There is not much to add to the contributions my colleagues previously made. Perhaps the failure of CIT will be good for the industry as weak retailers find they can not operate and strong retailers pay more attention to their inventory activities. For decades retailers have overbought. Maybe now they will become more realistic.

Ryan Mathews
Guest
11 years 10 months ago

More socialism for the rich? I think not.

Li McClelland
Guest
Li McClelland
11 years 10 months ago

Unfortunately many retailers and suppliers also got caught up in the exuberant “buy it with credit” syndrome to support their bloated inventories the same way exuberant credit supported way too much of consumers’ bloated spending in this decade.

It is heart-wrenching to see so many vacant storefronts and there will probably be many more–but the cleansing of the marketplace along with the deleveraging of individual citizens must be allowed to work itself out. NO more bailouts!!! It’s easy to understand, though, why some businesses and most taxpayers are starting to look around and truly resent that a favored few constituencies were bailed out while others are being left to dangle in the wind.

Rick Myers
Guest
Rick Myers
11 years 10 months ago

When will the government stop handing out money like it is water? How does giving a company that is poorly run more money help them? Does it not just delay the inevitable? In psychology they refer to it as being an enabler. How many of us understand how much a billion dollars is? When does it stop? When we reach trillions? Oh yeah. Already there. Quadrillion? Quint? I hear the largest number is a googol. Can we try for that? 10^100.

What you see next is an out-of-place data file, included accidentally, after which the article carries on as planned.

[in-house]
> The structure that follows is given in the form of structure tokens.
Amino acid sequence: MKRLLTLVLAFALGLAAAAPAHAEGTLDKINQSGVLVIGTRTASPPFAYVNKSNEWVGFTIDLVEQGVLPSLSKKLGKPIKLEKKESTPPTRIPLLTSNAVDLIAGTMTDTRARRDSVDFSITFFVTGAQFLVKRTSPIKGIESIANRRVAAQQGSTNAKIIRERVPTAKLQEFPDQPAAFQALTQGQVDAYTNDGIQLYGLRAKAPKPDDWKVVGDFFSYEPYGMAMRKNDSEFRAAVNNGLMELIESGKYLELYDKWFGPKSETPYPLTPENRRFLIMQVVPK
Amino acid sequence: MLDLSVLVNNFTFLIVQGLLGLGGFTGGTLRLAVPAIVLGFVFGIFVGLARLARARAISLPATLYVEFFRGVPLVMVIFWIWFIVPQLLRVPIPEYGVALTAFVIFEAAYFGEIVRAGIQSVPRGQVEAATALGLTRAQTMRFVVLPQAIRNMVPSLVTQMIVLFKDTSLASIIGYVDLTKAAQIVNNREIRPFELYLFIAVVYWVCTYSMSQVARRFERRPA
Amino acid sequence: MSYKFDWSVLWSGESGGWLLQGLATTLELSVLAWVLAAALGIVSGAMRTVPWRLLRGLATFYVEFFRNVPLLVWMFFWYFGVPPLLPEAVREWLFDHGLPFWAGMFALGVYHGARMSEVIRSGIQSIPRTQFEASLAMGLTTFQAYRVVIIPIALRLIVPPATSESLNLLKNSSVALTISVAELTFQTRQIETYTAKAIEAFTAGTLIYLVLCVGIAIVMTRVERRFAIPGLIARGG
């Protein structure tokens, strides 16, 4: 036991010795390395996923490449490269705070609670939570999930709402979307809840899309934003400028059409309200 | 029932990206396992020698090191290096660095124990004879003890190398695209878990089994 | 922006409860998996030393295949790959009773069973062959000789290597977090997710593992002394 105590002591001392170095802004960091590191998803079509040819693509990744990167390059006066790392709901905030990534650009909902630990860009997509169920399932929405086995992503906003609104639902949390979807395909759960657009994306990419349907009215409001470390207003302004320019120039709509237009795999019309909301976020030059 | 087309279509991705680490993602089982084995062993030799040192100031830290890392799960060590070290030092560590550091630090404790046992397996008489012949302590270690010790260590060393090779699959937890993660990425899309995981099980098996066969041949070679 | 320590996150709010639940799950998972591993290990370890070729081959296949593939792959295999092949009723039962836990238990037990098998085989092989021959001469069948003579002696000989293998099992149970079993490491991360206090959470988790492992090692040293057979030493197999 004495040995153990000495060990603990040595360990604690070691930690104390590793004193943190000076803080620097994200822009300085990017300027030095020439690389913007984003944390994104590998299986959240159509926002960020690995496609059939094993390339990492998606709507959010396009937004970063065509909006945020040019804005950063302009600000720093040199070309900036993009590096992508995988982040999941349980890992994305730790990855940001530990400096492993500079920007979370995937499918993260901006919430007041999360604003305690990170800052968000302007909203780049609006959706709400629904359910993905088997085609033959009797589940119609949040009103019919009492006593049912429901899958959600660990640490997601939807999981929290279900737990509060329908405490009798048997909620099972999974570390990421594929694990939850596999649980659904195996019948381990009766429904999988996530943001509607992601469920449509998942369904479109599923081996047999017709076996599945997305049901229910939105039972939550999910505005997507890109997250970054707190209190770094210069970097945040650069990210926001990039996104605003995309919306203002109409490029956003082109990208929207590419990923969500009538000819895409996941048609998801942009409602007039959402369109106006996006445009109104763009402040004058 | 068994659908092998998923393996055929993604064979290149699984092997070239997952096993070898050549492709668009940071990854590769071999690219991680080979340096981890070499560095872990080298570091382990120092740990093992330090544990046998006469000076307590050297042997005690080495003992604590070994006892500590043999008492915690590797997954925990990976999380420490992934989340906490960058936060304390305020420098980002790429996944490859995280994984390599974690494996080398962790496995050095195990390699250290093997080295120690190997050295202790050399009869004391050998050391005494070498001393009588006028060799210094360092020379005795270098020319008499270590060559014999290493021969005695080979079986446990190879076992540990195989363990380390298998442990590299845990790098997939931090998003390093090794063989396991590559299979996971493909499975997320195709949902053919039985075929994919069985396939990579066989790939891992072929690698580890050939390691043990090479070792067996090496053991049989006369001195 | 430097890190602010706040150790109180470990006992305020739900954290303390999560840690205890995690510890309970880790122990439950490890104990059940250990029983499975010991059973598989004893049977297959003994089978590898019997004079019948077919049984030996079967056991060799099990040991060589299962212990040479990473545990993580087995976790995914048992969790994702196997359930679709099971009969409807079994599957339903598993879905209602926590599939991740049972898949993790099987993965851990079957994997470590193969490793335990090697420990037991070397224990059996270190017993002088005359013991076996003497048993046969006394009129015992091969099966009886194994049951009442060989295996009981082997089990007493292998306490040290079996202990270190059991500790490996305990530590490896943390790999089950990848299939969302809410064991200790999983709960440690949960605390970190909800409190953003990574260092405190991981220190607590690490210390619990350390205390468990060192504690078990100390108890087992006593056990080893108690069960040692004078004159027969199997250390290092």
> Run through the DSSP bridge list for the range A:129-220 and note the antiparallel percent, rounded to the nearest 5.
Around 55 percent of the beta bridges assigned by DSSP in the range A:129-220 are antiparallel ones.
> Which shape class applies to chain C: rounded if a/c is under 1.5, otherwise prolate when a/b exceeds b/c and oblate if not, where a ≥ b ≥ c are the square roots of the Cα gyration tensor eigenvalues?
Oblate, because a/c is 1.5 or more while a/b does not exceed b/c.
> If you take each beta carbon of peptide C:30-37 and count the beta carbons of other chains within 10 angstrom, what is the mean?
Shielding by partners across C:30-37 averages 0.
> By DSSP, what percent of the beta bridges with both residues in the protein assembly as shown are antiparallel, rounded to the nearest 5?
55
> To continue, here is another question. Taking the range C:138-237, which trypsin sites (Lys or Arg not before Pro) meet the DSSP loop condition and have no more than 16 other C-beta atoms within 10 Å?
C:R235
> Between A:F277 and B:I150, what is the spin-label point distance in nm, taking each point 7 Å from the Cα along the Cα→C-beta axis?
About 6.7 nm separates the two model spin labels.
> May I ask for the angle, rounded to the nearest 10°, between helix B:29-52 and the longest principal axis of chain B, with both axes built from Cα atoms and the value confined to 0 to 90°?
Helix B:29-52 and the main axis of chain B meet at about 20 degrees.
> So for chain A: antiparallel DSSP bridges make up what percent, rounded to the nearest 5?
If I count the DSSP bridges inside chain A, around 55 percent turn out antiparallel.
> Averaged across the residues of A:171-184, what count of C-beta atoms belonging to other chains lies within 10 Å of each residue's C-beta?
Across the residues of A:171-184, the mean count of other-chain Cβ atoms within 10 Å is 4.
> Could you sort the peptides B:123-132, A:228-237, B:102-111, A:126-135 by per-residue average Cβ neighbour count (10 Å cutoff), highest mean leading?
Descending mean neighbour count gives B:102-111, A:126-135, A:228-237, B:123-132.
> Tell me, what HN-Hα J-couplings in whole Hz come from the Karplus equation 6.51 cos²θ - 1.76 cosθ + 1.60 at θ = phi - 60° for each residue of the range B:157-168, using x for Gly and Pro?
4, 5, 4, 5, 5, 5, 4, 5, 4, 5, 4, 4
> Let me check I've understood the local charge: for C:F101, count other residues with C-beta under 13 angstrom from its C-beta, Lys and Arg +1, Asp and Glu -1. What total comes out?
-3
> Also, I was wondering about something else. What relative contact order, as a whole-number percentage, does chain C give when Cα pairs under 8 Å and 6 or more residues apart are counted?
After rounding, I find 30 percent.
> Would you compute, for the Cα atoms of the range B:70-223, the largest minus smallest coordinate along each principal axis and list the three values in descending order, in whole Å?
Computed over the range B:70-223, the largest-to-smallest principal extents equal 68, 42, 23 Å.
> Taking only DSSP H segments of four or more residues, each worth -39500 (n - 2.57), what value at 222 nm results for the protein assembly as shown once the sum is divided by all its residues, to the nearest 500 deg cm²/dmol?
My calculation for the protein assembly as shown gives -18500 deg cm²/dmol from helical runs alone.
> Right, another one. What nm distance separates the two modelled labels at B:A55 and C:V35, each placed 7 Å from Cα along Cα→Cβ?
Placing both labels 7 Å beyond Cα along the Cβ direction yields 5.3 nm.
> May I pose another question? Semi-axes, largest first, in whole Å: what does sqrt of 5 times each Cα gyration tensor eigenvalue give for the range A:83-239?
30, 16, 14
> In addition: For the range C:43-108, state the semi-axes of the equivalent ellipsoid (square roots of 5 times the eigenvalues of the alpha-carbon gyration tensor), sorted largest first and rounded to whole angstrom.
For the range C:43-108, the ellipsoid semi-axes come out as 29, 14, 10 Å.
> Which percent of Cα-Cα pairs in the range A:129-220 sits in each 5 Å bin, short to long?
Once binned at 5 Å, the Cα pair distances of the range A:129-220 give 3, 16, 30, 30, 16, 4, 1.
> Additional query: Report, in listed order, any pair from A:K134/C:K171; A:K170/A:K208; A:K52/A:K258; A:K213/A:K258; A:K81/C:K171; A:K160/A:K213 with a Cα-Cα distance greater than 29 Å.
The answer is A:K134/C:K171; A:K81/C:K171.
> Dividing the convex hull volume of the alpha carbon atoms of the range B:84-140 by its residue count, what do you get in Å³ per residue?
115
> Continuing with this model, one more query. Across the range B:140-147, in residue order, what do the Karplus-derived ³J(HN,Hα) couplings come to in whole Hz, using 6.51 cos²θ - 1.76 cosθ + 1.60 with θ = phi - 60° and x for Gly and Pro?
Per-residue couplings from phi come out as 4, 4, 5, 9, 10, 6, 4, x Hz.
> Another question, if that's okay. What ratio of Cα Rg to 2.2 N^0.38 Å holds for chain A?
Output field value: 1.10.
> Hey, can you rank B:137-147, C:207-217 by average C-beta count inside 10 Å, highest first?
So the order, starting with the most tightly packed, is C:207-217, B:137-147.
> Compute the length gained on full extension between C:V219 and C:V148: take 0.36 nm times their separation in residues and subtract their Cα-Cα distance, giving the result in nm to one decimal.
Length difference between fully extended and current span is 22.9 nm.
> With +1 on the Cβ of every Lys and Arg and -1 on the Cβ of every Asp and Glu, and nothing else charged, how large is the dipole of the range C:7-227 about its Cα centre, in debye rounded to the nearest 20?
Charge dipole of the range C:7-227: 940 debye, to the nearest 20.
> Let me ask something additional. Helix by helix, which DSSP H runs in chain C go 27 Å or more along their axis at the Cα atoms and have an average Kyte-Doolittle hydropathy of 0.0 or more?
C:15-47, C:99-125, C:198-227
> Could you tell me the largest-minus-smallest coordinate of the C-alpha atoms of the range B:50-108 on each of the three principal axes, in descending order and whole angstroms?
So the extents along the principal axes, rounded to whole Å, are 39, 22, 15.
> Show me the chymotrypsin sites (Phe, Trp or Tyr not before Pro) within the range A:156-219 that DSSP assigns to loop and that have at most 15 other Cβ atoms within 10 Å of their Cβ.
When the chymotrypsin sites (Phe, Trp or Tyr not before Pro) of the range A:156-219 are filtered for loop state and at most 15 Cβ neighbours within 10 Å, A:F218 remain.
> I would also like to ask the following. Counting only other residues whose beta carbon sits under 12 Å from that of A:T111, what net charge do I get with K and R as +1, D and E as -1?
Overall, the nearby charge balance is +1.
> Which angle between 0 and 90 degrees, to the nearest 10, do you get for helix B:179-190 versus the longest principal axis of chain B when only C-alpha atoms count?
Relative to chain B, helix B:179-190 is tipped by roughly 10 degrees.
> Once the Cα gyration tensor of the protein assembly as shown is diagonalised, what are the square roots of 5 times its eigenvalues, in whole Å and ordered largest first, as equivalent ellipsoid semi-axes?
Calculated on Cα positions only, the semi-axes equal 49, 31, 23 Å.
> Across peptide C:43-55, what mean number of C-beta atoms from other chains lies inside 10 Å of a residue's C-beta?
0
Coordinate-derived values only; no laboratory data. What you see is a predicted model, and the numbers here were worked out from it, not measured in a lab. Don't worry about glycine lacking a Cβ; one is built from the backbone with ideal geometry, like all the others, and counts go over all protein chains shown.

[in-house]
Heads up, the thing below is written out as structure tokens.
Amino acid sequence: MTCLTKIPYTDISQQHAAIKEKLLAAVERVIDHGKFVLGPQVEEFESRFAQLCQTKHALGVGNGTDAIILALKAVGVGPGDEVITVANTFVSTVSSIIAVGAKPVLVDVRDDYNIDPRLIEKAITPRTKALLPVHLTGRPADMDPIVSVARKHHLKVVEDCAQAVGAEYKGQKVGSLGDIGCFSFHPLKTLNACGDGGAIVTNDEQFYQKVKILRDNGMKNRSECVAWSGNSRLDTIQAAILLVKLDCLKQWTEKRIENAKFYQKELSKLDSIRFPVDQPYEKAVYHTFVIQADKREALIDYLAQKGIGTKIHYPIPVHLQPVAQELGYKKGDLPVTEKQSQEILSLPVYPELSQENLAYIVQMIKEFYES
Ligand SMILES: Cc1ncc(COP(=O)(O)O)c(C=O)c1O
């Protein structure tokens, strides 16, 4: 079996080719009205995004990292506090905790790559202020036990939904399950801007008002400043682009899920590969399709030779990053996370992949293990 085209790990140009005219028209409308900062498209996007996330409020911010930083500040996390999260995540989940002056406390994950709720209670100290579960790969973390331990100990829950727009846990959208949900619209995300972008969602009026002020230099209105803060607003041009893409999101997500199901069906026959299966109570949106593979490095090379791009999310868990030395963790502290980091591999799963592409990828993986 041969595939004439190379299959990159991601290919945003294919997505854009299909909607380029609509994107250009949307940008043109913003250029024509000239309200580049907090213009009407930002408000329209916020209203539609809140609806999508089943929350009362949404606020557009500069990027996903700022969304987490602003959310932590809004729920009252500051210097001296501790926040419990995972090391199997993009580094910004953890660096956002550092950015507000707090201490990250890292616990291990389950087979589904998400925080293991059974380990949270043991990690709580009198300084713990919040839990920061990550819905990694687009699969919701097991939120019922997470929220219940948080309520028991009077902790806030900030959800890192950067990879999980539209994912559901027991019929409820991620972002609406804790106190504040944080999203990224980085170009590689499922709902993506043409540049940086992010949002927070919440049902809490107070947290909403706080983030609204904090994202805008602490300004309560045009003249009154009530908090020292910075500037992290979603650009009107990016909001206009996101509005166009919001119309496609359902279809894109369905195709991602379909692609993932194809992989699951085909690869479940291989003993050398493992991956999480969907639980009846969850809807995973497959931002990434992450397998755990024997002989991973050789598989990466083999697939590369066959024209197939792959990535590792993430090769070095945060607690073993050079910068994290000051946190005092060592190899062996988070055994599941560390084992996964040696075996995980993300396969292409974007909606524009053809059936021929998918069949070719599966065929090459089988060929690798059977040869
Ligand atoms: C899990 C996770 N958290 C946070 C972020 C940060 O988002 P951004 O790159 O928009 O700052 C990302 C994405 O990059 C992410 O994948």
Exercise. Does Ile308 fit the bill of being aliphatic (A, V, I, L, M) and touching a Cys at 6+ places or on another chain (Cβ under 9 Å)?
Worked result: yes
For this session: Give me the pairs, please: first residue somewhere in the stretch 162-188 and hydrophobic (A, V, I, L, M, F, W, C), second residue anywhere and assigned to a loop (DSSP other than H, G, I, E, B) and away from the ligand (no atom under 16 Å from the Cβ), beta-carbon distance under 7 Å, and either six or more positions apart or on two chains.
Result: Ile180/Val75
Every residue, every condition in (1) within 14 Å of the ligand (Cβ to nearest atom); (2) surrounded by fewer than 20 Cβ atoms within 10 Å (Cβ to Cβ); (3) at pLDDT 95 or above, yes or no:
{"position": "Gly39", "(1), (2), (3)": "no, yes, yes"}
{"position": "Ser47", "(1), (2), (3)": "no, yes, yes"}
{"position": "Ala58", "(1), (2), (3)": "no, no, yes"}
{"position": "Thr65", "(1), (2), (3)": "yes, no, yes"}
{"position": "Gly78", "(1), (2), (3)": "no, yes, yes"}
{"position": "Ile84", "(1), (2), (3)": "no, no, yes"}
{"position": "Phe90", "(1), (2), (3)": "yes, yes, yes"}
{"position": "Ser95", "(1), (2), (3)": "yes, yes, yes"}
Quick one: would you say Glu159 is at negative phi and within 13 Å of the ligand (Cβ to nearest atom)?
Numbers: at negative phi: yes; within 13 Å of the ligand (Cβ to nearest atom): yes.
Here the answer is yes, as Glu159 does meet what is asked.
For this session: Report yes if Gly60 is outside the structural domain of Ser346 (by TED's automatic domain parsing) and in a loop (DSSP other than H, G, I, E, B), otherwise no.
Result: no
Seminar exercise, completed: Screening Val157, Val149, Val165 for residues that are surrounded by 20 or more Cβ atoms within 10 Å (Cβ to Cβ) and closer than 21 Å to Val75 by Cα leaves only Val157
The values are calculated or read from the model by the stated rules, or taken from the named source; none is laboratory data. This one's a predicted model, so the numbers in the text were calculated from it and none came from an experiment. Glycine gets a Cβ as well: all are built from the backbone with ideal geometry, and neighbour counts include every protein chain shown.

George Anderson
Guest
George Anderson
11 years 10 months ago

A CIT failure will hurt quite a few people and many of them are not rich. That said, it’s good to see the Obama Administration drawing a line here. As someone else mentioned, if CIT couldn’t make it with the money they got from Bush Administration then they’re probably not a good bet for any more taxpayer dollars.

Ted Hurlbut
Guest
Ted Hurlbut
11 years 10 months ago

While I am in general agreement that the government needed to draw the line, I am concerned about the impact of a CIT bankruptcy on small to mid-tier retailers. CIT has been a leader in retail asset-based lending, and for many of these retailers, healthy and otherwise, this has been their primary source of financing. These retailers, many of them independents, are a significant presence in their markets, and collectively employ a lot of people.